'Like a Boss': Whoever Made This Inane Comedy Should Be Fired
The trick to creating successful screen farce is to make sure audiences don’t see you sweat. So it’s not a good sign that the actors are spritzing up a storm in Like a Boss. But what actors! The comic tornado known as Tiffany Haddish seizes the role of Mia Carter, the creative wiz behind a DIY cosmetics company she runs with her numbers-minded best friend, Mel Paige, played by her up-for-anything costar Rose Byrne. The duo work their butts off for laughs that the putatively femcentric script by two first-time screenwriters, Sam Pitman and Adam Cole Kelly, ungallantly fails to provide. Ladies-gone-wild comedies can come up aces: Haddish hit the sweet spot with Girls Trip, as did Byrne with Bridesmaids. This film never comes close to that level of inspired raunch, losing steam through each of its meager but achingly redundant 83 minutes.
What a waste, not just of the two stars but of director Miguel Arteta (Star Maps, The Good Girl, Duck Butter), an indie icon whose subversive spirit is quickly snuffed by this slick studio package. Here’s what passes for plot: The boutique, known as Mia & Mel, reflects the philosophy of its co-owners, who refuse to push product by making women feel bad about themselves. Naturally, the company is heading for bankruptcy. Enter Claire Luna, the ruthless beauty tycoon (Salma Hayek, who lent a sharp edge to Arteta’s 2017 drama Beatriz at Dinner). Luna, who lusts after Mia and Mel’s signature product “The One-Night Stand Kit,” agrees to take on the hands-on boutique’s half a million in debt in exchange for 49 percent of the business. Her secret plan is to seize full control by turning the partners against each other. As if.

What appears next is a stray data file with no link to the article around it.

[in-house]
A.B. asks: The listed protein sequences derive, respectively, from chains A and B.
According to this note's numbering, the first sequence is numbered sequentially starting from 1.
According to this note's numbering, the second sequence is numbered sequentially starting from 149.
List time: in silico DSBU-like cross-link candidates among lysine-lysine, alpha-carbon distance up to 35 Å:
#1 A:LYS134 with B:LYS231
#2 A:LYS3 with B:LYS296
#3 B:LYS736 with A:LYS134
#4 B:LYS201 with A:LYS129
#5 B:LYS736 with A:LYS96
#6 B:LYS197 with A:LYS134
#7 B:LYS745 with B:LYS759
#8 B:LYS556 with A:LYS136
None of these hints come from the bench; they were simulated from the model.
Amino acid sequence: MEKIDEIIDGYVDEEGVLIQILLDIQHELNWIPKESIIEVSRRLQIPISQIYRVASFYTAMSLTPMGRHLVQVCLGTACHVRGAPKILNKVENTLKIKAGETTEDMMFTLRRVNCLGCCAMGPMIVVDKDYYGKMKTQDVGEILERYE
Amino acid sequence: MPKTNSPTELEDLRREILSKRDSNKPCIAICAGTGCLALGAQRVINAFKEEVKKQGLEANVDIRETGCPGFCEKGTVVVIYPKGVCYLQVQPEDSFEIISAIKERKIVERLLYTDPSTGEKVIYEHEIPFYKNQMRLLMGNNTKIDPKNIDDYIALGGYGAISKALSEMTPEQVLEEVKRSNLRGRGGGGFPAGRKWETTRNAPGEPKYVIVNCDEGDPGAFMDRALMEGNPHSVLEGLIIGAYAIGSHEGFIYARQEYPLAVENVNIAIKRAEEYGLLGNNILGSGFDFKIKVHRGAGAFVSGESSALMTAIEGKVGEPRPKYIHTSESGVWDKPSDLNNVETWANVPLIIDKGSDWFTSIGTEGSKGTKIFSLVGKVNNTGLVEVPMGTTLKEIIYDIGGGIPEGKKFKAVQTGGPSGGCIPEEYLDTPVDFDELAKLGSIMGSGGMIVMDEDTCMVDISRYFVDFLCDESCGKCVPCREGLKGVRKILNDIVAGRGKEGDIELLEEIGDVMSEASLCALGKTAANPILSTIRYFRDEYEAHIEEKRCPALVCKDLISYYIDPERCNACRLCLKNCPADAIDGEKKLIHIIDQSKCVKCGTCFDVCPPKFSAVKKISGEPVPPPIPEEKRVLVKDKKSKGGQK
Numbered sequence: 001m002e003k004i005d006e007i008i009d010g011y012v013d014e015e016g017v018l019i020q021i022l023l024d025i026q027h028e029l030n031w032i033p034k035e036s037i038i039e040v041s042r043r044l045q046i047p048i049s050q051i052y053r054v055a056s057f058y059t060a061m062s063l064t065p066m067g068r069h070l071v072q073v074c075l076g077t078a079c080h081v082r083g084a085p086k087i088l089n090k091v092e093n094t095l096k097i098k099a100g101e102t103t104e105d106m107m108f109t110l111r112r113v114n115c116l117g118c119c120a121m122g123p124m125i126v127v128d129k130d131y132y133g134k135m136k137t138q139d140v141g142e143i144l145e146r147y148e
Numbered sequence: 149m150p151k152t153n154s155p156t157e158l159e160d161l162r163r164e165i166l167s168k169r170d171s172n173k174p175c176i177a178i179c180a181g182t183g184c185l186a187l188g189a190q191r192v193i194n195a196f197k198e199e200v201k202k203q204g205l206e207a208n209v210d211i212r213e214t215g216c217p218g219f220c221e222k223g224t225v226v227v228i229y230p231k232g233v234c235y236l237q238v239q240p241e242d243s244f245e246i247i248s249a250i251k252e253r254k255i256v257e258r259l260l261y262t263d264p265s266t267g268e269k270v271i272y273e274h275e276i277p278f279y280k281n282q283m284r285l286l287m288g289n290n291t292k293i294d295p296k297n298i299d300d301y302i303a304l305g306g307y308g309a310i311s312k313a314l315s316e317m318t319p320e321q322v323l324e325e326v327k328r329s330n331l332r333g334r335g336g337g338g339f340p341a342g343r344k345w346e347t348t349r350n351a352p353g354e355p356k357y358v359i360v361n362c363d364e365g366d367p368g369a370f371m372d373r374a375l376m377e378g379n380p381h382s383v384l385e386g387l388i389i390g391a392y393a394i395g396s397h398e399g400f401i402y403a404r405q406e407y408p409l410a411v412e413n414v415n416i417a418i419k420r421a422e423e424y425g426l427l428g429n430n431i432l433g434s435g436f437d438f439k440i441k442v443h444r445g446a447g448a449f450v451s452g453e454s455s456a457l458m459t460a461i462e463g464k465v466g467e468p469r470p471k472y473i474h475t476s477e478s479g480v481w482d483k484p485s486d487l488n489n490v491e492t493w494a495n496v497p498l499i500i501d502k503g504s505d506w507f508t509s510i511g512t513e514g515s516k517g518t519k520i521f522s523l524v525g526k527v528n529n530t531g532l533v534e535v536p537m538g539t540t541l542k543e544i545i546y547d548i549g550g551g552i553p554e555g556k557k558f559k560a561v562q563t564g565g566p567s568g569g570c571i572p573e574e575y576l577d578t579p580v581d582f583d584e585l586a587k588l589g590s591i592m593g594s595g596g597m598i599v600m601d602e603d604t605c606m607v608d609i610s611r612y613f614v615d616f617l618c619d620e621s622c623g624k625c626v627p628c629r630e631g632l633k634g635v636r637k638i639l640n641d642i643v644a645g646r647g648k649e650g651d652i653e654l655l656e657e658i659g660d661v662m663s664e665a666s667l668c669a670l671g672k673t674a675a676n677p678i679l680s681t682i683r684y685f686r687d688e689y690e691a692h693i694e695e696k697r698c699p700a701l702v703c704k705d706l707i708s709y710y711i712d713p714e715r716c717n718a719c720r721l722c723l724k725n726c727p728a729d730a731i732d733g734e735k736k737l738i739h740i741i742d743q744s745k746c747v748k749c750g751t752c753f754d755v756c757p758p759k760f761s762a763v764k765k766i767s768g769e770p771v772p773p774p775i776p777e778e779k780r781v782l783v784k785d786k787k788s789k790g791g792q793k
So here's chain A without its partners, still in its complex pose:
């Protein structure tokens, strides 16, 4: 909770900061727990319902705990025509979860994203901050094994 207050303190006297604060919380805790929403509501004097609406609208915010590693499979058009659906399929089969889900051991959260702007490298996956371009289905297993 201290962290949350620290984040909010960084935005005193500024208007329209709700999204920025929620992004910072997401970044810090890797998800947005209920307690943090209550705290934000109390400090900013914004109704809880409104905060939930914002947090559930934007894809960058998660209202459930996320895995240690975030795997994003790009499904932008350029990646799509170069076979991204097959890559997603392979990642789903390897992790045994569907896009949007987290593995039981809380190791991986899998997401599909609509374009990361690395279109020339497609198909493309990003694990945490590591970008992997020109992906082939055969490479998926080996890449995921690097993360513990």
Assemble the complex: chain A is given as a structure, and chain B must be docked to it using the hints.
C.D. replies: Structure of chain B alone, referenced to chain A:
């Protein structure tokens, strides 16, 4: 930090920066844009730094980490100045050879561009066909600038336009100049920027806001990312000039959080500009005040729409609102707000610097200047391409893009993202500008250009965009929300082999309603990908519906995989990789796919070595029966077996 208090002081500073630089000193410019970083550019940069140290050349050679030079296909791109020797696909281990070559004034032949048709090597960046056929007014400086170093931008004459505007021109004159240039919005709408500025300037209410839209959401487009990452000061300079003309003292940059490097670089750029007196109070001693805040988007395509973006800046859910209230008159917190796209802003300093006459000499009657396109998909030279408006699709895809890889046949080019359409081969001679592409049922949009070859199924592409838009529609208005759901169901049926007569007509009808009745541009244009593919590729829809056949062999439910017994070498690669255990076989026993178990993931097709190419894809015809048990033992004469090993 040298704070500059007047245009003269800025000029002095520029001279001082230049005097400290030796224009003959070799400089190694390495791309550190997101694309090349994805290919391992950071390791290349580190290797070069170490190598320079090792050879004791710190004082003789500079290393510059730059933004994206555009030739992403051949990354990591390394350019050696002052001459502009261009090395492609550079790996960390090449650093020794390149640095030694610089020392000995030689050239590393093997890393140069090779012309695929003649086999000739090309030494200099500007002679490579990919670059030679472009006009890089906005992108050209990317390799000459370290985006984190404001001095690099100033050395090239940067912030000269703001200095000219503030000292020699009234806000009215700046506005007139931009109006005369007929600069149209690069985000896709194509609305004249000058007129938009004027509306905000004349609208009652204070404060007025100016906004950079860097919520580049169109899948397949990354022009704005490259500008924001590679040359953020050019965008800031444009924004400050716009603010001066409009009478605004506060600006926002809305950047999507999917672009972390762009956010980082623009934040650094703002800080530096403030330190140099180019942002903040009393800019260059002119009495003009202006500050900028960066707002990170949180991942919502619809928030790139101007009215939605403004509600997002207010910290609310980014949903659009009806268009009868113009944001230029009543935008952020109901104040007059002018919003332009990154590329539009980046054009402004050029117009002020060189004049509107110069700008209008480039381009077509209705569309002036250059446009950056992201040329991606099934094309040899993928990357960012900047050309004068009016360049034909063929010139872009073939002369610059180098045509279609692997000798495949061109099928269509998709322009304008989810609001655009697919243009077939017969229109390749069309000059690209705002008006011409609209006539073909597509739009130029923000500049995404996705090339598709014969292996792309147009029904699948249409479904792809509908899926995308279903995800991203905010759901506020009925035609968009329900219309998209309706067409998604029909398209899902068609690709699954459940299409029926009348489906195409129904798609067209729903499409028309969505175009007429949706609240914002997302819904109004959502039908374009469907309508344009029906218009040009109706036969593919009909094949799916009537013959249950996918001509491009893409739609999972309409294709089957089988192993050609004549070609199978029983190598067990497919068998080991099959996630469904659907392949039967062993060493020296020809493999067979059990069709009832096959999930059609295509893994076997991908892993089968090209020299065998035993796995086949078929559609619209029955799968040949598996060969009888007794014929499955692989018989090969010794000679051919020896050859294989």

Cue an endless series of clumsily contrived situations that go completely against the grain of who these smart, independent women are purported to be. Having met in middle school, the two bonded for life when Mia’s family took in Mel, whose mom became a meth addict. Neither woman ever really grew up. At a friend’s baby shower, the two thirtysomethings sneak out on the roof to smoke a joint they had previously dropped into a crib with a baby in it. Their sex lives are strictly booty calls; they ride or die only for each other. Arteta put dark-comic bite into a similar case of arrested development in his 2000 masterpiece Chuck & Buck. But the writing here is toothless, with slapstick subbing for characterization — all the better to distract from the film’s hollow core. Why should these women actually talk out their problems when Mia can swing dangerously from Luna’s top-floor atrium and Mel can strain to yank her back in.
At the store, Mia and Mel leave most of the work to their only visible employees, Sydney (Jennifer Coolidge) and Barrett (Billy Porter). Coolidge’s blithe riffing is always a plus. And Porter, the Emmy-winning star of Pose, performs a one-man rescue mission on the script. The scene in which Barrett walks out on his bosses after Luna demands he be fired in favor of mass production, is an extended piece of knockout physical comedy.
Such moments are few and far between in Like a Boss, a title that makes no sense in context, maybe because the movie was called Limited Partners till the last minute. What we have here is a comedy on life support, with Haddish and Byrne valiantly performing futile acts of resuscitation. Sorry to report: The patient died.
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